What’s the big deal about snoring?

Most of us have poked fun about a family member or friend who snores loudly. It is of course no laughing member when it is your spouse you sleep with every night as it can cause severe sleep disturbance, especially if you are a light sleeper. Thankfully, most Asian wives (yes guys, you snore more than your wives!) are quite tolerant of their husbands or divorce rates would have been much higher! Some of course have to resort to sleeping in different rooms!

A lot of people are aware that beyond sleep disturbance, snoring is associated with a medical condition called obstructive sleep apnoea (OSA) where the airway is obstructed when sleeping and the sufferer actually stops breathing (apnoea) for significant periods of time. The oxygen deprivation and poor quality sleep causes patients to feel very tired in the morning even after a good night’s sleep. They feel very sleepy during the day which can severely affect their performance at work or in school. In extreme cases, one can even fall asleep while driving resulting in accidents.

Increasingly, OSA has also been shown to significantly impact our health. In the long run, if left untreated, the risk of high blood pressure is increased by 50%. The strain on the heart increases the risk of heart attack by 30% and the risk of heart failure by 25%. There is even an increased risk of stroke by 60%!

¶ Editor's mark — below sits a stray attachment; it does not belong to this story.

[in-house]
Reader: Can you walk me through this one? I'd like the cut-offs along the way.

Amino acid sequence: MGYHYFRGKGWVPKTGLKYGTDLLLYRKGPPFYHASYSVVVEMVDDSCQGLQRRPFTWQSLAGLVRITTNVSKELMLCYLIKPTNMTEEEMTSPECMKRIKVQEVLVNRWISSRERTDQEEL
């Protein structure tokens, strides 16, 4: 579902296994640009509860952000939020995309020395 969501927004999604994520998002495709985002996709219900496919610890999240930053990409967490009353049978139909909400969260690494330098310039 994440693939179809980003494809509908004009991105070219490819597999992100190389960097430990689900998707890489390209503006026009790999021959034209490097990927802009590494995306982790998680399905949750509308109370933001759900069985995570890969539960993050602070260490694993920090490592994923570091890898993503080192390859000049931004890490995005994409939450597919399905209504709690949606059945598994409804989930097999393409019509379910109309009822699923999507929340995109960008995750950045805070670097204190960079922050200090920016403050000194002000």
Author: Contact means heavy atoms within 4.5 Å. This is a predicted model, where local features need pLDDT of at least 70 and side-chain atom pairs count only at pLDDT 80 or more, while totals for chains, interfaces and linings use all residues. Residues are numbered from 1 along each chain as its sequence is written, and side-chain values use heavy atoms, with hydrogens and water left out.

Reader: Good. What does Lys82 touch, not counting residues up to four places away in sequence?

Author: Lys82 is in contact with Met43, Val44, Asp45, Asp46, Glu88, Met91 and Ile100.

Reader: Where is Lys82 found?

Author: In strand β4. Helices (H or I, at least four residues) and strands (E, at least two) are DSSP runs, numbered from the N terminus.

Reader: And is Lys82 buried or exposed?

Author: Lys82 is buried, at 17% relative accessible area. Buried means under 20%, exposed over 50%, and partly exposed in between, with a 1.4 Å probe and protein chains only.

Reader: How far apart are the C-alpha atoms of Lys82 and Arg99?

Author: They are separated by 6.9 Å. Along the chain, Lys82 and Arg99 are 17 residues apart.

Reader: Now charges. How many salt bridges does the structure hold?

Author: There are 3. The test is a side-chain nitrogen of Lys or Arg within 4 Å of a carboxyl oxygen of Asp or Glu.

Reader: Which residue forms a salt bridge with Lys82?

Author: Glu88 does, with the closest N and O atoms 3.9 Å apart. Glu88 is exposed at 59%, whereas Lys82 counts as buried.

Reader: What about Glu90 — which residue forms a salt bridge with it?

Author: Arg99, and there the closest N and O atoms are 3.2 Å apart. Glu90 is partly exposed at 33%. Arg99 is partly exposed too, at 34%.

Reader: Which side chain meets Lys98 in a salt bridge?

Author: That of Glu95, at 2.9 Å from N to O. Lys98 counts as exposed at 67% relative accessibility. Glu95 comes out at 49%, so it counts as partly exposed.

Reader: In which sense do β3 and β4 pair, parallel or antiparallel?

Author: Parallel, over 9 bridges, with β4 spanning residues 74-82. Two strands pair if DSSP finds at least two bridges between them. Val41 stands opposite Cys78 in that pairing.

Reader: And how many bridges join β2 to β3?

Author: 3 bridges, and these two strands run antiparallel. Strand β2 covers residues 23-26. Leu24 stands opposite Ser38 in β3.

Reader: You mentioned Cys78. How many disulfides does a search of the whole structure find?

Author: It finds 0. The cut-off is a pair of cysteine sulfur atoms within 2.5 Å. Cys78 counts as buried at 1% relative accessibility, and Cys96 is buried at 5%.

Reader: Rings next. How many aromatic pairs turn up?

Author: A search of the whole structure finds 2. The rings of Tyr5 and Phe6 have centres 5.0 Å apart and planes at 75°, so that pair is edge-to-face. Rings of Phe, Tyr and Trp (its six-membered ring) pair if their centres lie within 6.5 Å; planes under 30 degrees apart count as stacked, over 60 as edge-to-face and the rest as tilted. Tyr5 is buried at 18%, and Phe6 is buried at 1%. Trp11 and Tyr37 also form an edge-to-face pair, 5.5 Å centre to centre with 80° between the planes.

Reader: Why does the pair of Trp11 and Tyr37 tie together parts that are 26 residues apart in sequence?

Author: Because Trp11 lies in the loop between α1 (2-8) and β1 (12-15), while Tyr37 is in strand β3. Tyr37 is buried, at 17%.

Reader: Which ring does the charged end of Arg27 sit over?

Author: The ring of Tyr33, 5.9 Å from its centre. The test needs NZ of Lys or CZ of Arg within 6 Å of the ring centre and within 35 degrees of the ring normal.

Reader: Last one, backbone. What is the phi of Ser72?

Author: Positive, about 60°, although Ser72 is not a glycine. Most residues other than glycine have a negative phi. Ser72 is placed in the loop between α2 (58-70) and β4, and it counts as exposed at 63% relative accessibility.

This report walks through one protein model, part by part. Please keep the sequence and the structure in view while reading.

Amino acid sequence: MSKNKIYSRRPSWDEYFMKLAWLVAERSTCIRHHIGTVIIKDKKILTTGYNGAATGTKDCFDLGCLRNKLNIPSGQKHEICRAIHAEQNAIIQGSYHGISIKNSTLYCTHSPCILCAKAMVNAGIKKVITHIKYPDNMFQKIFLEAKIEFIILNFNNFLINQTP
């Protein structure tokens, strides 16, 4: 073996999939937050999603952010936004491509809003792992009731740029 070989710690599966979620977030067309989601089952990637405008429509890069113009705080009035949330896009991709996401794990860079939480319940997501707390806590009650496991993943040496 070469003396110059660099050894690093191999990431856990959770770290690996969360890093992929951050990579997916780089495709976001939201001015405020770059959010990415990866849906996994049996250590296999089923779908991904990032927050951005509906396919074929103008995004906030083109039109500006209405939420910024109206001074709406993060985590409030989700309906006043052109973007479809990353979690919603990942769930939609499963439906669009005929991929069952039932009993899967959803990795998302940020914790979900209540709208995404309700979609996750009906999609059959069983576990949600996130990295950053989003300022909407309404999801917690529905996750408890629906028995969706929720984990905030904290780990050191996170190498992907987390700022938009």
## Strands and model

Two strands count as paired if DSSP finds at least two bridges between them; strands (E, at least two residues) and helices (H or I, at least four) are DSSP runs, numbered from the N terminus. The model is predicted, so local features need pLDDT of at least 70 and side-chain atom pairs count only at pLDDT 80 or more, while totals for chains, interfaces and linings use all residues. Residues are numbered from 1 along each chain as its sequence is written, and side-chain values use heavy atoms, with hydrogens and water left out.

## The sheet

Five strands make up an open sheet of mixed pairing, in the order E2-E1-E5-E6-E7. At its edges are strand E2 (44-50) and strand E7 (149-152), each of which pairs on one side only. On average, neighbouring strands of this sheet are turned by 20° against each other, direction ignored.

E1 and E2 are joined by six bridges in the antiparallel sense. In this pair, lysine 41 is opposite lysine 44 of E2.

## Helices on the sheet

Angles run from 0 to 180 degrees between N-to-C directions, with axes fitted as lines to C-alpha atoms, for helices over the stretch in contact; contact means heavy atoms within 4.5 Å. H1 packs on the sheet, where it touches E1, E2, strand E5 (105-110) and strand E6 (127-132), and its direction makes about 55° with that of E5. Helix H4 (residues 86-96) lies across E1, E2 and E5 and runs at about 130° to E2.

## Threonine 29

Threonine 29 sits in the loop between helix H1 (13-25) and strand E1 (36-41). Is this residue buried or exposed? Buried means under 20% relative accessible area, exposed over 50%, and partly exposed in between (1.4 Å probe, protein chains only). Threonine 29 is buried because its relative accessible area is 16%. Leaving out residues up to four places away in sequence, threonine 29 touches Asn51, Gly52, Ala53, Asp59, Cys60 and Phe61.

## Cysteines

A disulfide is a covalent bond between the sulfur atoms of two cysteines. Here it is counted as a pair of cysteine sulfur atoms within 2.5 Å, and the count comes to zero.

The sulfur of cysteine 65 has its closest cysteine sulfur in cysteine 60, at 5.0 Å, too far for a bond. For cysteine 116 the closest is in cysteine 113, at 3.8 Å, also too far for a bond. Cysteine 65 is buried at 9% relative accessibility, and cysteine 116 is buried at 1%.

The diagrams below show the common sites of airway obstruction

Open airwayBlocked airway

 

 

 

 

 

 

The Epworth sleepiness scale is a common tool used by doctors to see if you are at risk of OSA.

Epworth

 

 

 

 

 

 

 

 

 

 

 

 

 

 

Other symptoms in the day include headaches in the morning, anxiety, irritability, poor job performance, memory loss, poor concentration and even sexual dysfunction. In the night, patients have a restless and disturbed sleep and are often observed by their spouse to be gasping or to have stopped breathing. Some wake up frequently at night, sweating or needing to go to the toilet. Men are at increased risk especially with increasing age with weight gain and decreased muscle tone. A neck collar size of 17 inches or more has been shown to be a significant predictor of OSA.